TUCSON, Ariz. — “NHL 22” was almost certain to register with the impact of a cross-check into the boards due to two outside factors: The full-fledged debut on new-gen consoles as well as the debut of an expansion team.
Any hardcore NHL fan will need to pick up this year’s game simply because it includes the Seattle Kraken and plays on their PlayStation 5 or Xbox Series S or X. But there are plenty of other adjustments meant to lure in players like a late-game, one-goal deficit draws a goalie off the ice.
Foremost among the additions is the implementation of X-Factor abilities, which are spread among the superstars, signifying game-changing abilities that lift special players above the pack in categories including shooting, skating, passing and intelligence.
No matter how many stat boosts were plunged into a particular player, video game hockey never quite captured what it is that makes players such as Connor McDavid or Alex Ovechkin into ice gods. The X-Factors — which bless players with certain almost magical qualities that other players don’t have — inch closer to reality.
There are some other nifty touches, including an excellent commentary team and broadcast enhancements.
Real-time stats are projected onto playing surfaces and walls, just as they are on TV.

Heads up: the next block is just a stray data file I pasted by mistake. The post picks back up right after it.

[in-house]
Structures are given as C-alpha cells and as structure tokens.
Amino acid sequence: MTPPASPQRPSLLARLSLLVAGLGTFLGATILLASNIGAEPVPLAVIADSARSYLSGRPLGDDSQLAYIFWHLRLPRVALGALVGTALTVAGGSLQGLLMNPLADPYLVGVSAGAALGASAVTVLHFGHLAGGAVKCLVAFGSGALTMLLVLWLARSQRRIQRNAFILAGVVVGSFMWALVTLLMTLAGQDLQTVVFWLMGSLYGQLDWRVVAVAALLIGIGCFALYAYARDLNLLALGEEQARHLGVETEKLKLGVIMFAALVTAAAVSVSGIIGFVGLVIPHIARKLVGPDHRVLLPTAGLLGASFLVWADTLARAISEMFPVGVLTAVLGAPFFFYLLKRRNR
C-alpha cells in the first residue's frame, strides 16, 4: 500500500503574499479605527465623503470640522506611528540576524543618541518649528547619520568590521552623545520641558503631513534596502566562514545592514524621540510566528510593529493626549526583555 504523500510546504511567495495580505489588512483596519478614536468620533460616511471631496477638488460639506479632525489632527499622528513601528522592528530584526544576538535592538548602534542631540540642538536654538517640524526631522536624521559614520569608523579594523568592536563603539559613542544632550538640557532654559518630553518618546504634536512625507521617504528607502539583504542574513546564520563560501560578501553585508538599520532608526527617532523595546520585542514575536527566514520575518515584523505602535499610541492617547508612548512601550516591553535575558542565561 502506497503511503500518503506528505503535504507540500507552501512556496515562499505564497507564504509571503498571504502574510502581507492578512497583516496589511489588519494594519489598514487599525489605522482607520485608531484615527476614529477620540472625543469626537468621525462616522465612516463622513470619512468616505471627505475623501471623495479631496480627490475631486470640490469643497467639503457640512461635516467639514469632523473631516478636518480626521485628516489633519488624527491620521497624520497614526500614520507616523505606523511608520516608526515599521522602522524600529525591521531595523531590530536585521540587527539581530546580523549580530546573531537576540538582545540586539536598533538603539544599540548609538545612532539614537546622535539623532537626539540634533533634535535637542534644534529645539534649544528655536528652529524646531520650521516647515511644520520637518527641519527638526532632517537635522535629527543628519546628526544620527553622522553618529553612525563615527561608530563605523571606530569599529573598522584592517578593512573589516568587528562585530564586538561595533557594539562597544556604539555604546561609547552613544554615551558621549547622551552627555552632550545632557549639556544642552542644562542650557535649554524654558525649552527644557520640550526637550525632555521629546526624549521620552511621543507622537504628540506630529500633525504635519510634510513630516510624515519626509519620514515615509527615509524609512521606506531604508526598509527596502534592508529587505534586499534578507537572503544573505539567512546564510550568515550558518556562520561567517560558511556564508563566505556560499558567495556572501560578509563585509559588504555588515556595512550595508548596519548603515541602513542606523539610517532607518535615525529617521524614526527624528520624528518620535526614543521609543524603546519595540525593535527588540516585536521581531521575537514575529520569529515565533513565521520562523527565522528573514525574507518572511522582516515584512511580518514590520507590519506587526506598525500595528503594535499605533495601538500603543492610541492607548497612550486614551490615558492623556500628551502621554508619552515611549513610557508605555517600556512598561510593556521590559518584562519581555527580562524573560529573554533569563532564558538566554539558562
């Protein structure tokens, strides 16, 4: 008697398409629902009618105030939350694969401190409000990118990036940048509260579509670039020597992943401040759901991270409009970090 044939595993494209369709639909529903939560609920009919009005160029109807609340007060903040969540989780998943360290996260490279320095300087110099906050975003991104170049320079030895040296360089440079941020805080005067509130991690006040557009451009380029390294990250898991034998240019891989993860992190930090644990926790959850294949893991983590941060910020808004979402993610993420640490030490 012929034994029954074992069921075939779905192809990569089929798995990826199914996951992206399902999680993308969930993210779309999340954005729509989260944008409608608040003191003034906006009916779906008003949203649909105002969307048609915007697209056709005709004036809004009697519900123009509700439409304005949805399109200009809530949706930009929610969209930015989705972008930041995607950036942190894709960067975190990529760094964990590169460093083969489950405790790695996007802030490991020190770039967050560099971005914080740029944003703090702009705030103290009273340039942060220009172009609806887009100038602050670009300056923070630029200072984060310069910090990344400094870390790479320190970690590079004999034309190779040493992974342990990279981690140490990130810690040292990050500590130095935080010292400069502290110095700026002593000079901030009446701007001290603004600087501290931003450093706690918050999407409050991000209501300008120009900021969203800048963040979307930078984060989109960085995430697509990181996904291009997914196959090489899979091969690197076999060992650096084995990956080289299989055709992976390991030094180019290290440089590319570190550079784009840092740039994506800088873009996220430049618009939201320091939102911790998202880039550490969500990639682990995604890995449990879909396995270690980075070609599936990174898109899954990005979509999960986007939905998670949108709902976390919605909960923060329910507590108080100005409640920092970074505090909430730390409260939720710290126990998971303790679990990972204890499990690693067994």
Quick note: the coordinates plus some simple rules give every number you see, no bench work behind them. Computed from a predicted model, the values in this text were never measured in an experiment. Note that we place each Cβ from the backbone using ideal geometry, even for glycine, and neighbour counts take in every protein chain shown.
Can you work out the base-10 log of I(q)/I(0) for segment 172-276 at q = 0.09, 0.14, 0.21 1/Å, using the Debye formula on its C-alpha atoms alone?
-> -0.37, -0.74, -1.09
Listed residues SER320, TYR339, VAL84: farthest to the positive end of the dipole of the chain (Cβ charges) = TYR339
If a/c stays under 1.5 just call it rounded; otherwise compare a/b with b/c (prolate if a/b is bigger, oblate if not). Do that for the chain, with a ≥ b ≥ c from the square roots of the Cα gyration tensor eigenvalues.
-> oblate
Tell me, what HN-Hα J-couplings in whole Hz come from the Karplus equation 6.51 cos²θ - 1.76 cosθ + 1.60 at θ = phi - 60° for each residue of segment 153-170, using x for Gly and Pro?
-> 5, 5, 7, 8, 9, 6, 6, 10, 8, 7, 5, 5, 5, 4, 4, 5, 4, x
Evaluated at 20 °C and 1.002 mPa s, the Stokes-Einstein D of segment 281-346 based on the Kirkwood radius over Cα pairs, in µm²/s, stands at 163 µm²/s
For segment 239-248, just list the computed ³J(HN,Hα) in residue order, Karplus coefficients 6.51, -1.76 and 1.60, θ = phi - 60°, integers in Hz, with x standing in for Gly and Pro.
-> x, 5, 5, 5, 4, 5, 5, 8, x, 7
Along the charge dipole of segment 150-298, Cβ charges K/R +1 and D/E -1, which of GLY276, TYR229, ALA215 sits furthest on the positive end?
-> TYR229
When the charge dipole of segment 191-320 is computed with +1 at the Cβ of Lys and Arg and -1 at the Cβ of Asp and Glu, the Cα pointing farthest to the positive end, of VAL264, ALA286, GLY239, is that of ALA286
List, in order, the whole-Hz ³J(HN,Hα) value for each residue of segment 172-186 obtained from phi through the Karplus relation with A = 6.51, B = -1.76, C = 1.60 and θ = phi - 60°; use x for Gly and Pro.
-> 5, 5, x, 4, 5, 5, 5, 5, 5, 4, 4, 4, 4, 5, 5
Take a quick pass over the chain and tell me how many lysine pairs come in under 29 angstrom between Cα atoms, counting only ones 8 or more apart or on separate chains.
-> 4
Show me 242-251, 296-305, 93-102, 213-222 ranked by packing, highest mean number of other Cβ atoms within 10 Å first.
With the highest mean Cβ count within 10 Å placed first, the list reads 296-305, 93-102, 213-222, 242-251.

Tech geeks will appreciate the fine touches that improved the visuals and physics. Devs instituted the Frostbite engine, which adds touch-ups and improvements from everything from the cloth on jerseys, facial animations, skin shading, skate spray and players’ awareness of the puck location.
If you’re looking for fantasy instead of the harsh truths of the real world — looking at you, Coyotes and Rangers fans — it’s Ultimate Team that will juice you up. With a new slate of power-ups and rewards drops for your card-based team’s wins, there is ample replayability as you tear open card packs and buff up your squad with players from the past and present. Devs answered player demand for any-time matches, rather than the cumbersome scheduling system from past editions.
World of Chel captures the freewheeling spirit of the street game, and while the mode only features minimal enhancements, it’s easier to get into the palate-cleansing mode thanks to a sreamlined menu interface.
“NHL 22” also hangs on to some legacy strengths, including the presence of “NHL 94”-style controls — my preferred method — that eschew the advanced thumbstick nuance in favor of ease and momentum.
While there is no full-scale reinvention of the puck here — and nor was there one in order — the incremental advancement that is “NHL 22” more than justifies its spot on the roster. The puck may drop, but video game hockey fans’ expectations never will.